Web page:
—— Plastics can also be made of renewable raw materials. But that means that the plastics industry is now competing with the food industry for valuable farmland. Can bioplastics help make an entire industry more sustainable?  


The battle against global CO2 emissions is at times fought fiercly and passionately, frequently making front pages and trending topics. Most recently protesters glued to the pavement or blockades on the edge of a strip mining sites or, at the political level, with premiums for electric vehicles or subsidies for solar installations. 

The problematic area of plastics production often still flies under the attention radar. The lack of effort seems understandable since the industry currently accounts for only 4.5 percent of global greenhouse gas emissions. Yet while other areas are working on reducing their share, plastics production is projected to at least double by 2050, potentially even quadruple, with a corresponding rise in the industry’s emissions. 

Resourceful scientists and companies are therefore searching for the appropriate solution. Bio-based plastics seem promising. In contrast to traditional plastics, these bioplastics are made not with raw materials based on mineral oil, but with renewable resources such as starch and cellulose, which in turn are derived from corn, sugar beets or wood. So, they promise reduced emissions. 

“Relying on bioplastics to replace conventional plastic is not a solution in itself.”

Paul Stegmann, TNO

It’s not that simple, of course, as Paul Stegmann knows. He works for the independent research organization TNO in The Hague, where he focuses on bioplastics. “Simply relying on bioplastics to replace traditional plastics isn’t a solution unto itself.” Basically, he says, we need to reduce our overall need for plastics and recycle more. The remaining demand could certainly be supplied with bioplastics. According to Stegmann, a whole range of conditions would have to be fulfilled before bio-based plastics can really make a positive contribution.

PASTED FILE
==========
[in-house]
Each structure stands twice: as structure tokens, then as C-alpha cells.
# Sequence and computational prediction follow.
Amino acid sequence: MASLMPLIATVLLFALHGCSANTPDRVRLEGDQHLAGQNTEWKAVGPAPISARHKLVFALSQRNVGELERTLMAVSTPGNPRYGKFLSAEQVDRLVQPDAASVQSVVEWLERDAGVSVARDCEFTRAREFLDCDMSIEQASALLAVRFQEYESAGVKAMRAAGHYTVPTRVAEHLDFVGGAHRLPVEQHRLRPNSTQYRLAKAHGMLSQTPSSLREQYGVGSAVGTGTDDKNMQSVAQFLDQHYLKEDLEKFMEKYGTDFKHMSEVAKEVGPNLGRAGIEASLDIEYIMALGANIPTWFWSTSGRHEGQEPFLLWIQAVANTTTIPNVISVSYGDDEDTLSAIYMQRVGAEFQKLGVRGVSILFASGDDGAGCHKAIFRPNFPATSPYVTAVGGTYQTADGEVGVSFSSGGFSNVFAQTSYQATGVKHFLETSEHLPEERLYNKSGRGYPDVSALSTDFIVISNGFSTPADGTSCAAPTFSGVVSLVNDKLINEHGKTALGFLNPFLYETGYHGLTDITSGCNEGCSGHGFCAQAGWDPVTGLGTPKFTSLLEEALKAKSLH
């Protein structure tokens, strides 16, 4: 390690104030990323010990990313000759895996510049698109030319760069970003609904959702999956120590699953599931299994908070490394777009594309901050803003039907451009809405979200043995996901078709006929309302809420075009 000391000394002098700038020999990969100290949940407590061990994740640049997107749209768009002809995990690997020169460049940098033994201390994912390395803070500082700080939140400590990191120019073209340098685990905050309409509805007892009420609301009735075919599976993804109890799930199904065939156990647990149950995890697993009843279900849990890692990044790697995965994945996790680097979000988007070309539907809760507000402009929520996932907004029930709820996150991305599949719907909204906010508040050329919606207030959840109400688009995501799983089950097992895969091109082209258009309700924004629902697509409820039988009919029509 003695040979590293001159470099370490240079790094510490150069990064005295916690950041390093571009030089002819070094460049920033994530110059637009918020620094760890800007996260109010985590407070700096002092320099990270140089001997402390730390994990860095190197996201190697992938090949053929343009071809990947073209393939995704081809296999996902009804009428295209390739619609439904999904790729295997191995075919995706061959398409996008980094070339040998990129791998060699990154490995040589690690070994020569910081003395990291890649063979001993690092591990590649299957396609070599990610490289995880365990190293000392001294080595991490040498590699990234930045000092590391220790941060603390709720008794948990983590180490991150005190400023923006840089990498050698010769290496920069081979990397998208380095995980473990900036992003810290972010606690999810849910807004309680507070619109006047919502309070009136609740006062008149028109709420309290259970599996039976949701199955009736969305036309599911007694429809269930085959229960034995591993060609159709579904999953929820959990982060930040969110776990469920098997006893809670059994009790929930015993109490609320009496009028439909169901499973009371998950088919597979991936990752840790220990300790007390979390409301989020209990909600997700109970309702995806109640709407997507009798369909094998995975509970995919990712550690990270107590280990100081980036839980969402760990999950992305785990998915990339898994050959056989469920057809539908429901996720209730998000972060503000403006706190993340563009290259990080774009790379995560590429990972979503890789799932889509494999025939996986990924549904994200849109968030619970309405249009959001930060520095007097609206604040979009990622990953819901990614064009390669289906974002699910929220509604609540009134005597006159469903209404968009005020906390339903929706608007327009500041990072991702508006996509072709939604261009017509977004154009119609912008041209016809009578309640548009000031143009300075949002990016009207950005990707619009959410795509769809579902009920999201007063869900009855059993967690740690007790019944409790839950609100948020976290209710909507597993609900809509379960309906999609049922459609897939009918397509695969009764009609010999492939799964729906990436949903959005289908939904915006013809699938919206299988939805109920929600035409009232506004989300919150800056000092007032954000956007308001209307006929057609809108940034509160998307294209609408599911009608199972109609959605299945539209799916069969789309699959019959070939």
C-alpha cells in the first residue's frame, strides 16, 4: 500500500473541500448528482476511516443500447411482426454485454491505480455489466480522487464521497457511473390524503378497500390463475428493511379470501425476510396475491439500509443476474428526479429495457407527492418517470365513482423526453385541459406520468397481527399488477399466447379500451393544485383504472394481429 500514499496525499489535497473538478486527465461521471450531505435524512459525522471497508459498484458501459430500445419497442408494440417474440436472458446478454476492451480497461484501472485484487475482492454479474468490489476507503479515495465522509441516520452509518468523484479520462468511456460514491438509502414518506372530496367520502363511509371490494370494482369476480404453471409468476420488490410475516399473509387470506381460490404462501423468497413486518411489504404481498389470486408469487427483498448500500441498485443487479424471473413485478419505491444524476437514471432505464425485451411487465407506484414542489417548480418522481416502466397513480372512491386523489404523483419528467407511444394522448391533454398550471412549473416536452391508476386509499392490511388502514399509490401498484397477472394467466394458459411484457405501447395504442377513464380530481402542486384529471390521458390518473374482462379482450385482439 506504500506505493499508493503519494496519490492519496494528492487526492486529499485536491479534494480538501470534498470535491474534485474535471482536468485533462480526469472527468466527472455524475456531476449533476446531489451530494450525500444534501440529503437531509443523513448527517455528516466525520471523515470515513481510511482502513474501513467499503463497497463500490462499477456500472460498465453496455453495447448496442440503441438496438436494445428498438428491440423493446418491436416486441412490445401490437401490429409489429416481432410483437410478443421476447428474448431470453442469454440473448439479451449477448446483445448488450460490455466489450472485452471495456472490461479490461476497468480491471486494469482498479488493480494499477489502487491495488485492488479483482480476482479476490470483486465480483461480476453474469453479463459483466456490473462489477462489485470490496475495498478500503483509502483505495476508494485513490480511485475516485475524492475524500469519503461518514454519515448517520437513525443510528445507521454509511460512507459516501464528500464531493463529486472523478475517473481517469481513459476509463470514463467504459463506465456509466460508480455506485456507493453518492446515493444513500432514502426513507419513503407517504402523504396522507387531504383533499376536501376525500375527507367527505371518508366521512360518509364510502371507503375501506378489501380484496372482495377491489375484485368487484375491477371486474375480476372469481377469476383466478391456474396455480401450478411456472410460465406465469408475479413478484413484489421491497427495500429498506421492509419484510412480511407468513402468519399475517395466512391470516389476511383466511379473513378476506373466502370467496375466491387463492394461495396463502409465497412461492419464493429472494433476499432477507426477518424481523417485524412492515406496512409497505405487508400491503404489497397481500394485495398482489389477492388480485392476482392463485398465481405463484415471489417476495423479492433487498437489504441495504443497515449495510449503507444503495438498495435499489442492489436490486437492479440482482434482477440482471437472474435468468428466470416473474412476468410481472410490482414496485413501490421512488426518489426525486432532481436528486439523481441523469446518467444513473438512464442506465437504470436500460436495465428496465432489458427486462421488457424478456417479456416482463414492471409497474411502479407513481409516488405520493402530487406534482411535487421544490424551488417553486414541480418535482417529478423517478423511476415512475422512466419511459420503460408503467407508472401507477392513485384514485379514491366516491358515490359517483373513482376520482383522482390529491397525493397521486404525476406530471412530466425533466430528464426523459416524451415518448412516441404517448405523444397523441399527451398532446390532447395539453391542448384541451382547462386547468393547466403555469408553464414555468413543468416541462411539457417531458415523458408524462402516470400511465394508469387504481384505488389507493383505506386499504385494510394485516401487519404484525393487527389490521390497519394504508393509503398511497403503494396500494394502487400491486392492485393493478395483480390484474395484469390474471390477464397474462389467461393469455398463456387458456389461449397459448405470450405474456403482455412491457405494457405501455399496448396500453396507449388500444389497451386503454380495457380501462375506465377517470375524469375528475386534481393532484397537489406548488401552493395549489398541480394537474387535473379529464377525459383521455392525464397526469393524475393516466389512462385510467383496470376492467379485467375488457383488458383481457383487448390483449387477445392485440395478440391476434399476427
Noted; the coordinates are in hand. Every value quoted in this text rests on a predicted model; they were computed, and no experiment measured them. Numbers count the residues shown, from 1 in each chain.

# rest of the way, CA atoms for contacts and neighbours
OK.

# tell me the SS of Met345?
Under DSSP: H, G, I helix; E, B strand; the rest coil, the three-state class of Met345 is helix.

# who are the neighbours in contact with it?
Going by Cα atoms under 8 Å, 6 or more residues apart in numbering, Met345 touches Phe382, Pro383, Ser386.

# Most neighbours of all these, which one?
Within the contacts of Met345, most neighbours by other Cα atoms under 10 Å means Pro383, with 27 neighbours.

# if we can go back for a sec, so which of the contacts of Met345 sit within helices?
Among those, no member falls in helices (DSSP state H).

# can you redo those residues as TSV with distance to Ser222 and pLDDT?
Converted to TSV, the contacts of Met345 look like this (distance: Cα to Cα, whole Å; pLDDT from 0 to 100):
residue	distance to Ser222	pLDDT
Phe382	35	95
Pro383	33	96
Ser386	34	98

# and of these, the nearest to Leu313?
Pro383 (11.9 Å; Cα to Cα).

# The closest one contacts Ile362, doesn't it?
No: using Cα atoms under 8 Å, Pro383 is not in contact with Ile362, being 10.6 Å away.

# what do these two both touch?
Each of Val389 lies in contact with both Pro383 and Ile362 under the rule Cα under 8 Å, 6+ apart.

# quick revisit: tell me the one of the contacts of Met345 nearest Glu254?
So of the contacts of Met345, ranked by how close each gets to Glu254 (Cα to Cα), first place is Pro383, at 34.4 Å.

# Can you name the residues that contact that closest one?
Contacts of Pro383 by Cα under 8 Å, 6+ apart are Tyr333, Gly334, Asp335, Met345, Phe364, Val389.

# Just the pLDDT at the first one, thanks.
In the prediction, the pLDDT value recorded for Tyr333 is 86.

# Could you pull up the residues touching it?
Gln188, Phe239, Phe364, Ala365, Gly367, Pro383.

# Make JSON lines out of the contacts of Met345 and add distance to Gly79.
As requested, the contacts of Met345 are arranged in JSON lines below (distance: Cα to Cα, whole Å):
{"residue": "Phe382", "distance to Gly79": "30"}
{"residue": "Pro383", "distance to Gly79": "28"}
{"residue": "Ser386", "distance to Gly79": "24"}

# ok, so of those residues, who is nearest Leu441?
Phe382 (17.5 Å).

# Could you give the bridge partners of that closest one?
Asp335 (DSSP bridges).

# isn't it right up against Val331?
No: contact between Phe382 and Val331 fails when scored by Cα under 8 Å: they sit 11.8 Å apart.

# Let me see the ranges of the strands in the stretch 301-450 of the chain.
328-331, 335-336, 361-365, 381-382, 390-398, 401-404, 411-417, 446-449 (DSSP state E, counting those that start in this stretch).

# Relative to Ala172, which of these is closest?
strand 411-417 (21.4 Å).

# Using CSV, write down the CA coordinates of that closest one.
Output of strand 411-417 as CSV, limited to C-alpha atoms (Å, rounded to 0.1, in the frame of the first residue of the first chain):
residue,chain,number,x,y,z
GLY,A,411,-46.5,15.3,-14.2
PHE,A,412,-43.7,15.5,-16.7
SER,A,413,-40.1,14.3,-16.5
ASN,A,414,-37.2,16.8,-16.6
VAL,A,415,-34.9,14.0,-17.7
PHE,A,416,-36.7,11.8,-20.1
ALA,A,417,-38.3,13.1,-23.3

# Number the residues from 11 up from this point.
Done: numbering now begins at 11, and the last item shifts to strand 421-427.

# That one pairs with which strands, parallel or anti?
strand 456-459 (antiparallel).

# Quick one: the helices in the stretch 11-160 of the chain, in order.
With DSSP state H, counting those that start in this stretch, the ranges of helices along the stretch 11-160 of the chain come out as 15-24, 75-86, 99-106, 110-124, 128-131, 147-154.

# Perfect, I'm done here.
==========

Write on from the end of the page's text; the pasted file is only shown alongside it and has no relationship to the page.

It starts with their production. After all, corn, sugar beets and even wood must be grown somewhere if they are later going to be turned into plastics. Because arable land is rare, this then competes with food production. “Ideally, of course, you look for areas that aren’t currently being used,” Stegmann says. Or one could reorganize the use of agricultural areas. “About 80 percent of this land right now is used for producing milk and meat,” Stegmann explains. Yet these products only satisfy around 20 percent of humans’ protein requirements. “This is where a reorganization could ensure more efficient use of the land.” However, this would be a major, incredibly complex undertaking. 

An international certification system is needed to ensure a fair market. This will help rule out the possibility that bioplastics could be produced via overexploitation or large-scale deforestation and then compete unfairly against products that have genuinely been produced in a sustainable way. Finally, the topic of recycling must also be addressed. As Stegmann says, “The positive effects would be negated if we just discard the bio-based plastics after use and don’t keep them in the system.”